Diverse Majority's Choice Signals a New Era
Wednesday, September 13, 2006
An unusually strong majority of D.C. Democrats, including both blacks and whites, united behind a single nominee yesterday to replace a retiring mayor, giving D.C. Council member Adrian M. Fenty a broad mandate to pursue change in city government and the troubled public school system.
In nearly complete returns, Fenty claimed about 57 percent of ballots cast and led rival Linda W. Cropp by a towering 26,000 votes. Barring a general election upset in November, Fenty -- a 35-year-old triathlete with a shaved head, two BlackBerries on his belt and a reputation for round-the-clock customer service -- will replace Mayor Anthony A. Williams (D), the bow-tied technocrat who brought the city back from the brink of bankruptcy.
The question now is whether the Ward 4 council sophomore can translate election promises into government action. In other words, can he lead?
In an overwhelmingly democratic city where elections have long been fractured along racial lines, yesterday's results suggest that Fenty represents the long-awaited rise of a new generation in D.C. politics.
His sweeping victory, which echoed pre-primary polls, also marks a repudiation of the city's political establishment among Democrats: The mayor, the business community, the biggest unions and many of the city's old-guard black leaders all lined up behind Cropp, the council chairman.
Young, dynamic and native-born, Fenty appealed to families, small-business owners and progressive activists from all parts of town who expect him to reach out to those left behind by the city's economic renaissance, bridge a growing divide between rich and poor and rid the government of a deeply entrenched crony class.
"We're bringing in new energy, new ideas -- it hasn't been like this since Barry" in 1978, said Dee Hunter, an advisory neighborhood commissioner from the newly hip U Street corridor, where Fenty pitched a party tent for last night's victory celebration.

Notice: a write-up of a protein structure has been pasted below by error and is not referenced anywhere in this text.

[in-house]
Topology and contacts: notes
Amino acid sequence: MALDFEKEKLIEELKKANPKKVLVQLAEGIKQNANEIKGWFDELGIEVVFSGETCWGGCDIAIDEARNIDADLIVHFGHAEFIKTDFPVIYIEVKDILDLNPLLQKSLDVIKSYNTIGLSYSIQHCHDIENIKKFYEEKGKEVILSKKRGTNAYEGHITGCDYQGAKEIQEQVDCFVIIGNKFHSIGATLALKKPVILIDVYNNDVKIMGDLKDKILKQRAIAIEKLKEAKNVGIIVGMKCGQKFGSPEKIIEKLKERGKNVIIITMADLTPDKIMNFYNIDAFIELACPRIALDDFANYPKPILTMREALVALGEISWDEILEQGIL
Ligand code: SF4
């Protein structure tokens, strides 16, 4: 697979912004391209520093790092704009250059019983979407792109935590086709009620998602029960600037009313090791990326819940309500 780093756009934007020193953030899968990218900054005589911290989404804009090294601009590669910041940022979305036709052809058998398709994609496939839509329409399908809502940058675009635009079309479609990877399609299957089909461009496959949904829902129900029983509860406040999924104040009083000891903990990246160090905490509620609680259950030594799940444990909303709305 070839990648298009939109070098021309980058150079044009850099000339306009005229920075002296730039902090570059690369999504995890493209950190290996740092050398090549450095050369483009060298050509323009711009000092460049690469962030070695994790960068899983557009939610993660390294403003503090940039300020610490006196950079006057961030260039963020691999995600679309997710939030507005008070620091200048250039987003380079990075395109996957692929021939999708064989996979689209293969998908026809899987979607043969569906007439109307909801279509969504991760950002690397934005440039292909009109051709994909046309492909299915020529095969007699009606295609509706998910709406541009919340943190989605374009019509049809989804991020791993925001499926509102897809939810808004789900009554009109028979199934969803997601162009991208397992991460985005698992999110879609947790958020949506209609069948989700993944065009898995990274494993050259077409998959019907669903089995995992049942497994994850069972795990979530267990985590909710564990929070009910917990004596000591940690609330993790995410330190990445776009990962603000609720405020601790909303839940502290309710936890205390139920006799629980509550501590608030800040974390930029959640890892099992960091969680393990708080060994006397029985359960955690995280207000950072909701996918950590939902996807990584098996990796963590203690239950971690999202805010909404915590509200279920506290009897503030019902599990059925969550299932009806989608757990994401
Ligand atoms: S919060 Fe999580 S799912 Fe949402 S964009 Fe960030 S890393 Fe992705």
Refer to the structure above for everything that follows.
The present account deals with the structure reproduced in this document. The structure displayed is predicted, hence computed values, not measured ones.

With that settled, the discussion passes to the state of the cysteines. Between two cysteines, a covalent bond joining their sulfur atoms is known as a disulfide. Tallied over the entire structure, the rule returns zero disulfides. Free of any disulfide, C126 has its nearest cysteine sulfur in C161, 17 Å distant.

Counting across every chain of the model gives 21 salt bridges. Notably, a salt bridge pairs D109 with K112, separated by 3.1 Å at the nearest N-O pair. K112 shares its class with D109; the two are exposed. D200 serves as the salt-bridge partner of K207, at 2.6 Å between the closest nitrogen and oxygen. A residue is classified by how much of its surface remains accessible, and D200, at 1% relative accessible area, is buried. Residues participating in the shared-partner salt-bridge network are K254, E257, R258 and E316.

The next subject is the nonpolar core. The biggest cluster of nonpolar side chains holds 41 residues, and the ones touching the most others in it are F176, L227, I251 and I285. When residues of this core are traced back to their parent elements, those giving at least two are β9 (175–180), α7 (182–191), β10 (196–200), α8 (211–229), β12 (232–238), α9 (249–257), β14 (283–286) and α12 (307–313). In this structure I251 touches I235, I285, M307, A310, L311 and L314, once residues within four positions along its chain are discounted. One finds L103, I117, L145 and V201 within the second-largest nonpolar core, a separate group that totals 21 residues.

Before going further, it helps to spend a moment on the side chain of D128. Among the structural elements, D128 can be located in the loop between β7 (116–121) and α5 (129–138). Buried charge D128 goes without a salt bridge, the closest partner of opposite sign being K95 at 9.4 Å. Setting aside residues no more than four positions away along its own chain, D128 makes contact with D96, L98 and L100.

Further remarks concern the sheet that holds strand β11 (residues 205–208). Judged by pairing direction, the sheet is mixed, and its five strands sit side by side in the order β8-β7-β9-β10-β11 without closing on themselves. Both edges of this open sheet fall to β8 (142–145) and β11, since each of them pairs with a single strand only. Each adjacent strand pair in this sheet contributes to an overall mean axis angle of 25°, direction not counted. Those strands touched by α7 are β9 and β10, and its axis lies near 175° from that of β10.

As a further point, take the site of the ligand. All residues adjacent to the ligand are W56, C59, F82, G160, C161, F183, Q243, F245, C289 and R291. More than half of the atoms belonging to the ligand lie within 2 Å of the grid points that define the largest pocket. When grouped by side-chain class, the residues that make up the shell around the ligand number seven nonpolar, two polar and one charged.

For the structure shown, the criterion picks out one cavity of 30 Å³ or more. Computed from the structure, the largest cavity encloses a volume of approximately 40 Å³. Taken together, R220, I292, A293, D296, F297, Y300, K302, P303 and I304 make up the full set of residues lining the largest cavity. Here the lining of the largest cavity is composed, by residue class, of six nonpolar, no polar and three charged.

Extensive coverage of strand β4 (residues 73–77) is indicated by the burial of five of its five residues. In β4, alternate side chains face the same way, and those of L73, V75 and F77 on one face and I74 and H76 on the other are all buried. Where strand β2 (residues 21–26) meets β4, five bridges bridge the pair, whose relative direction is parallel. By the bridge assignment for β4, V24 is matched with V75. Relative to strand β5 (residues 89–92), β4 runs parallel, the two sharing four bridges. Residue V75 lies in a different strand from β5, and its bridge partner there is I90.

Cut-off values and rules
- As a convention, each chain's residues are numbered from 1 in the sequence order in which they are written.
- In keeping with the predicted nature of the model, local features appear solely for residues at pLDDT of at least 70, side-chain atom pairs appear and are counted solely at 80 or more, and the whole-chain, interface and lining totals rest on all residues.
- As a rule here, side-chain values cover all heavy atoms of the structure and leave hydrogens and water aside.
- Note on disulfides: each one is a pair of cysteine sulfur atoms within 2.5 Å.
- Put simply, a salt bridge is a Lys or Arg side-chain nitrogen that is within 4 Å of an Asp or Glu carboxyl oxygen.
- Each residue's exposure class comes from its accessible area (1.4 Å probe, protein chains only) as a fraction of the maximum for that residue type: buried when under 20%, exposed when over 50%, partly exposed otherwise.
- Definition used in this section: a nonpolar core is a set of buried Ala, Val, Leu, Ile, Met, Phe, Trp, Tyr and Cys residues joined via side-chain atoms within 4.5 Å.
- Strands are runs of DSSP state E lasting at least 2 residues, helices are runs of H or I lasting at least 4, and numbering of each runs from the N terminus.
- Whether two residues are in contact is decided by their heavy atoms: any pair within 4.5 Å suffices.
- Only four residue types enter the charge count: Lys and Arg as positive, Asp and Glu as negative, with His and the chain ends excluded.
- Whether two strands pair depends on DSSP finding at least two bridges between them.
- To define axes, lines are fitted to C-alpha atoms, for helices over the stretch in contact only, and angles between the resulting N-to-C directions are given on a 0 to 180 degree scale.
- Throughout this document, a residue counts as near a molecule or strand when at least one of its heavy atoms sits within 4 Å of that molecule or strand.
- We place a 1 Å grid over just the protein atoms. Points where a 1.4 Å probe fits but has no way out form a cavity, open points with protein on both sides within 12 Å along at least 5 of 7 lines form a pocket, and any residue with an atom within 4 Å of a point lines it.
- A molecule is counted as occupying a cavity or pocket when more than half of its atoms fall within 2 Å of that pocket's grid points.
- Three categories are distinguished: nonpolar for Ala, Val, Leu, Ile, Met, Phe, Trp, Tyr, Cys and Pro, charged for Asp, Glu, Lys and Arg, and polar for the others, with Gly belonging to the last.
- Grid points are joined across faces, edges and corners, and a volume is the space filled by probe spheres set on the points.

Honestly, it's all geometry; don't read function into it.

Critics worry that Fenty lacks the experience and intellectual gravitas to manage the city's $7 billion budget. And they fear that his hands-on management style and obsession with streetlights and potholes will lead him off into the weeds.
"Can he deliver for people, or are they just going to get frustrated? He's not going to be able to run the constituent services of the entire city off his BlackBerry," said council member Jack Evans (D-Ward 2), who campaigned for Cropp. "It just ain't going to work."
Fenty has pledged to come in with "guns blazing" to fix what he sees as lingering problems: dysfunctional agencies, an unresponsive police department and, at the top of the list, the city's troubled public schools.
The next mayor inherits a city at a turning point. Williams lifted the District out of insolvency and into an era of civic affluence and bureaucratic competence. The economy is booming, the population is rising and basic services have improved dramatically. Now voters want to shift attention to the poor and forgotten. Along with newcomers to gentrifying neighborhoods, they think better schools are the place to start.
Over the past year and a half, the state of the school system has emerged as a top priority for city residents. They have identified education as the city's biggest problem in nearly every poll conducted during the 2006 campaign.